Condensation happens inside the home when there is excess moisture in the air.
Damp is caused when water is coming through walls from outside
Condensation is commonly found is kitchens, bathrooms, en-suites, and utility rooms. It can also appear in areas where the air movement is restricted, such as behind furniture and inside wardrobes which can, if left untreated, start to create a musty smell and lead to mould growth on clothes, furniture and walls.
It doesn’t matter what type of property you live in, whether it be an older style or a modern home, upstairs flat or bungalow, condensation can happen. It isn’t associated with bad housing, it’s a growing problem with houses that have been refurbished with energy saving materials. Becoming energy efficient means we need to ensure that we ventilate correctly so that the property can breathe.
It tends to be more common in winter months when it’s cold outside and warm inside. I’m sure you have woken up with wet windows in the morning when the outside temperature has dropped. If left, it can cause mould growth and maybe peeling wallpaper.
It can be a worrying sight and it can make some people think it’s a difficult and troublesome issue, however this isn’t always the case. It seems to happen more now than ever due to us being so energy conscious. We’re installing double, even triple, glazed windows, blocking in chimneys, and draft proofing which means there isn’t a very good airflow or escape route for stale, humid air and it increases humidity indoors, creating poor air quality.
Daily activities at home can create a lot of moisture in the air without us even realising. Taking a bath/shower or boiling the kettle, cooking with pots and pans and drying clothes indoors are the major contributors. Even breathing releases moisture into the air and can create a massive 4 pints of water per person per day! This has no where to go except float around in the air.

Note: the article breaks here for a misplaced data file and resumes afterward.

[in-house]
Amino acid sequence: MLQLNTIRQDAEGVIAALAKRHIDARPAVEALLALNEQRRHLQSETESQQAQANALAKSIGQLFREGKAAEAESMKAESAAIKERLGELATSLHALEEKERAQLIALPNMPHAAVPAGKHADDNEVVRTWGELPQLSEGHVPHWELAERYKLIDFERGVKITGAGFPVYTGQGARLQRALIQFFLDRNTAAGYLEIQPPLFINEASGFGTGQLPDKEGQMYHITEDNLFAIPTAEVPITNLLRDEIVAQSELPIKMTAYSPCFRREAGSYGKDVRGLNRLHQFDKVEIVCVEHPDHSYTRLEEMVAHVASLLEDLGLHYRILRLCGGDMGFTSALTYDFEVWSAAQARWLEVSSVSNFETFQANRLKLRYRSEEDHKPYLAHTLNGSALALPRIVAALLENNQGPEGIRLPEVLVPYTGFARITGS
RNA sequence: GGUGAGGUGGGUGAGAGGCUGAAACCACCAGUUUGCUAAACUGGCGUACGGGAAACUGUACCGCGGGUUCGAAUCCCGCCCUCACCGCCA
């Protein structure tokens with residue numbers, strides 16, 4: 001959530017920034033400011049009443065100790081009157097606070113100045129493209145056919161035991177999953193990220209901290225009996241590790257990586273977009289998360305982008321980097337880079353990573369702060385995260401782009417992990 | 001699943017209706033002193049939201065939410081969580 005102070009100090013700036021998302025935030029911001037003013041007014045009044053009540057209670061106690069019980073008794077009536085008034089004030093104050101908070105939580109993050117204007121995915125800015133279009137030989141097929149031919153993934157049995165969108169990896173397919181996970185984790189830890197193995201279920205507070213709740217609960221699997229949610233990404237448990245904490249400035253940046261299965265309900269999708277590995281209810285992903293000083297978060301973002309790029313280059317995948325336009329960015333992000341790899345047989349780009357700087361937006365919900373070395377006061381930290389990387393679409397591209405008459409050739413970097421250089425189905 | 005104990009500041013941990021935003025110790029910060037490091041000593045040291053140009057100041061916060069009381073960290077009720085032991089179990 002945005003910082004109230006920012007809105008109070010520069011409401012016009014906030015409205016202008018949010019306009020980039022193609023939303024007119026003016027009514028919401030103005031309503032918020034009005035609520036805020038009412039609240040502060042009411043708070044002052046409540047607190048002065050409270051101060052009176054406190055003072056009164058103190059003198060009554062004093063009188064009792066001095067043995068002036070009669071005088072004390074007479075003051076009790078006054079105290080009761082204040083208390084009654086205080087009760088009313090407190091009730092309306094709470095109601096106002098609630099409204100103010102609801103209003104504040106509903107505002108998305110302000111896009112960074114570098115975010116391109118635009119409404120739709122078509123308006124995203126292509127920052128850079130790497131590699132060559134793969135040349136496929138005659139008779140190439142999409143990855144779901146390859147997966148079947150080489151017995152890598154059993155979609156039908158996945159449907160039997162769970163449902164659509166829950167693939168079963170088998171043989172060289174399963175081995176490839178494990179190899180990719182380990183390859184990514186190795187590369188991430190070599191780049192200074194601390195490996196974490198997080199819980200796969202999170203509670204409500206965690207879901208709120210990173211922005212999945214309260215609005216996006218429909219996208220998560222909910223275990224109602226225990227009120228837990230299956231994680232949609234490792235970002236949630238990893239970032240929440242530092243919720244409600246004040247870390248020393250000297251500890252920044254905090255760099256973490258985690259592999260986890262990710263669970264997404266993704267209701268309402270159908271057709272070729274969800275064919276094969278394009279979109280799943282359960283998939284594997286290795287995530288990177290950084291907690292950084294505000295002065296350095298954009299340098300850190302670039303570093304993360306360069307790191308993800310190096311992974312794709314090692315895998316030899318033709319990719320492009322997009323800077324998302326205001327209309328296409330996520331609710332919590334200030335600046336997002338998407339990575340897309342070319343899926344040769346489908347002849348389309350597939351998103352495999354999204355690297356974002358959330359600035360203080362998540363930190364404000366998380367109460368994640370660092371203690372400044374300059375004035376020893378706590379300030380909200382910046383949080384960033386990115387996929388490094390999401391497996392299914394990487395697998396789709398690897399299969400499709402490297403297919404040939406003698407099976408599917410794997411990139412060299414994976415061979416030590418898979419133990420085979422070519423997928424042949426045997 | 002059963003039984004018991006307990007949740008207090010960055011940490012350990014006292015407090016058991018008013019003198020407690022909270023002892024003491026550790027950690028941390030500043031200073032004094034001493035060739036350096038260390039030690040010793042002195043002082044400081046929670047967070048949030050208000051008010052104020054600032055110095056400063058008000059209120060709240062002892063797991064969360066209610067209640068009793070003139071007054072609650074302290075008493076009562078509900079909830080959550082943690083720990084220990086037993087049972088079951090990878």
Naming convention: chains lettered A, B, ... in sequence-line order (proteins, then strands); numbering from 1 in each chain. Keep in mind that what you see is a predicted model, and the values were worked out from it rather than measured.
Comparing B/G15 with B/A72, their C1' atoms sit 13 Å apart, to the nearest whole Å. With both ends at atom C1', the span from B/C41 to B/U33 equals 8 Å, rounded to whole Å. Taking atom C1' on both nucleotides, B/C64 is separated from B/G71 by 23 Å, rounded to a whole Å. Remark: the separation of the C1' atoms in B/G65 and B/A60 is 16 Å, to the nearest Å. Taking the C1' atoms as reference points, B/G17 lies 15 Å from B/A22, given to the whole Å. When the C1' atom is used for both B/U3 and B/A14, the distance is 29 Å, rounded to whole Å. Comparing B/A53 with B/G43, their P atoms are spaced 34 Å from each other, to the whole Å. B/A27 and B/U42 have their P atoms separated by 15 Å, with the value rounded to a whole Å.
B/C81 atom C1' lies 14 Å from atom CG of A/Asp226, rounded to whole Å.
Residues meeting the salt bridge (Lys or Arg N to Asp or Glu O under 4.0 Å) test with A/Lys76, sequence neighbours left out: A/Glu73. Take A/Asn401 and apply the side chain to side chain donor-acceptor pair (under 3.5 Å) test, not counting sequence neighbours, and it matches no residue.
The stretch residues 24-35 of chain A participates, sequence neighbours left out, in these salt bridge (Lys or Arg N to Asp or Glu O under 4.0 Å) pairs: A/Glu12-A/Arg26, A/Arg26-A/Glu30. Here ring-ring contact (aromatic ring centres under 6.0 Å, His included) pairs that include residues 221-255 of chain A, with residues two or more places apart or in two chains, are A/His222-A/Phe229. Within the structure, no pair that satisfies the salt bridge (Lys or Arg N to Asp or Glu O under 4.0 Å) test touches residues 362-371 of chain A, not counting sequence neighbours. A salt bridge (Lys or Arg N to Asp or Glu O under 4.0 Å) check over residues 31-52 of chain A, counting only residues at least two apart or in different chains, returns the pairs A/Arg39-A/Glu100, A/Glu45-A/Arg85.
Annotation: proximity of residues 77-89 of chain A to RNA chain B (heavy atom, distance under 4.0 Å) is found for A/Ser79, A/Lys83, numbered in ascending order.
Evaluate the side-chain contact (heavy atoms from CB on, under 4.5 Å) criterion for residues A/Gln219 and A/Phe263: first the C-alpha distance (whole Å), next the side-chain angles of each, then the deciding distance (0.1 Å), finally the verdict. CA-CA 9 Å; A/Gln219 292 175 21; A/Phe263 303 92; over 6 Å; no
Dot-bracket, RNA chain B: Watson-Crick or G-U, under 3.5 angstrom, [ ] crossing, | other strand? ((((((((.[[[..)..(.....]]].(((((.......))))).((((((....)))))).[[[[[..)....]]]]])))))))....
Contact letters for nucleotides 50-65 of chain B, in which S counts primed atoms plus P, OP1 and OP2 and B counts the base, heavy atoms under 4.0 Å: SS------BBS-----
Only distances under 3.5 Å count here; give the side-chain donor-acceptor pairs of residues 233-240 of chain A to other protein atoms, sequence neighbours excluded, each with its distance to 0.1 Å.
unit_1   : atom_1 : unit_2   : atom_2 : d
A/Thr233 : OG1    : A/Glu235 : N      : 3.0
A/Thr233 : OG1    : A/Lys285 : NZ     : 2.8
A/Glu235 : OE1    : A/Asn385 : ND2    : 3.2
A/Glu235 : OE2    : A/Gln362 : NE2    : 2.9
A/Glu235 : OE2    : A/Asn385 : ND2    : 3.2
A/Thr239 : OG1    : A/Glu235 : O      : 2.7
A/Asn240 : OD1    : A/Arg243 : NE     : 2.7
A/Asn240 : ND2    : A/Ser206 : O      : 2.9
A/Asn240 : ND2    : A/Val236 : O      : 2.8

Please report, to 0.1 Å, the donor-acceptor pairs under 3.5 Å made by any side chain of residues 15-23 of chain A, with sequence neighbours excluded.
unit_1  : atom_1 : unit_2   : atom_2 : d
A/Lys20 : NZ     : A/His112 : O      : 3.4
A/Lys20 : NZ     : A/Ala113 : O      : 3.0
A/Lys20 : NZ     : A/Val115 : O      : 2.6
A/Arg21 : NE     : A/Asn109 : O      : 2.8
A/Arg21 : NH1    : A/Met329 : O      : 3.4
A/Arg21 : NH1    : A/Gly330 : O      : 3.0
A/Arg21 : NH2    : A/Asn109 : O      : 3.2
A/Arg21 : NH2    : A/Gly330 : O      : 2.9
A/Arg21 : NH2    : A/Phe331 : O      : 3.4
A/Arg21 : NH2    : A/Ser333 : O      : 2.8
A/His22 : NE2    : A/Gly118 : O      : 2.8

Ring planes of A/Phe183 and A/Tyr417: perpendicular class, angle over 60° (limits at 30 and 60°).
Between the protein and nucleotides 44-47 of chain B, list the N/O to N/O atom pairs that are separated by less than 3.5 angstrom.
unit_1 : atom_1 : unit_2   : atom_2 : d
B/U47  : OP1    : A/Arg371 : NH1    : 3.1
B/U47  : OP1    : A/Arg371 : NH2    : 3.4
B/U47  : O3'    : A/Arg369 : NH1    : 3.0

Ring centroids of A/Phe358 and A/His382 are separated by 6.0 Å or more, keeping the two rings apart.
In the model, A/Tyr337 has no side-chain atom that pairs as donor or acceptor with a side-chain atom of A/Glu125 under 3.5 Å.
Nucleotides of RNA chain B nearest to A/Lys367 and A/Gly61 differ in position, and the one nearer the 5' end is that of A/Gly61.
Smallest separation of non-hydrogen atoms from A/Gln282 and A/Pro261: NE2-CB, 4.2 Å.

In the older days where windows weren’t sealed as well, and chimneys were open, air could escape and circulate fresh air into the home.
The biggest factors of moisture in the home are:
- · The temperature of the air in the home
- · The surface temperature of the windows/walls
- · The level of moisture in the air.
So, what can you do to keep this persistent problem at bay? There a lot of things you can do or change that will help and you may find allergies and asthma problems improve.
· Avoid drying clothes indoors, if you do make sure them room is ventilated and keep doors closed so moisture doesn’t spread to other rooms.
· Keep drips vents open on windows and try to open windows for a little while every day.
· Keep a gap around furniture so air can circulate, it can’t do so if furniture is stuck against walls.
· Don’t stack clutter against walls or in cupboards, ensure there is room for air to circulate.
· When the weather outside is cold, try to maintain a constant temperature at home. Leave the heating on low over night and when you’re out to ensure the temperature doesn’t drop.
· Make sure you don’t block air bricks/vents.
Dehumidifiers can help with the situation, but they can only cover so much, they won’t work for the full house, so you may need more than one. You can also buy moisture traps fairly cheaply at bargain stores which use crystals to absorb water and these can be used almost anywhere.
The main thing is you ventilate always and especially when you’re cooking, showering or drying clothes. If you have an extractor fan, use it, and keep it running for a little while after you have finished what you’re doing to ensure moisture is taken away.
If the problem seems to be serve and you can’t control and ventilate well enough, there are systems you can buy which need to be installed by a competent person. These are not always suitable for everyone and can’t promise to solve the issue. There is a lot more help out there today and systems in place to help prevent the issue so you can take a step in the right direction to make changes today.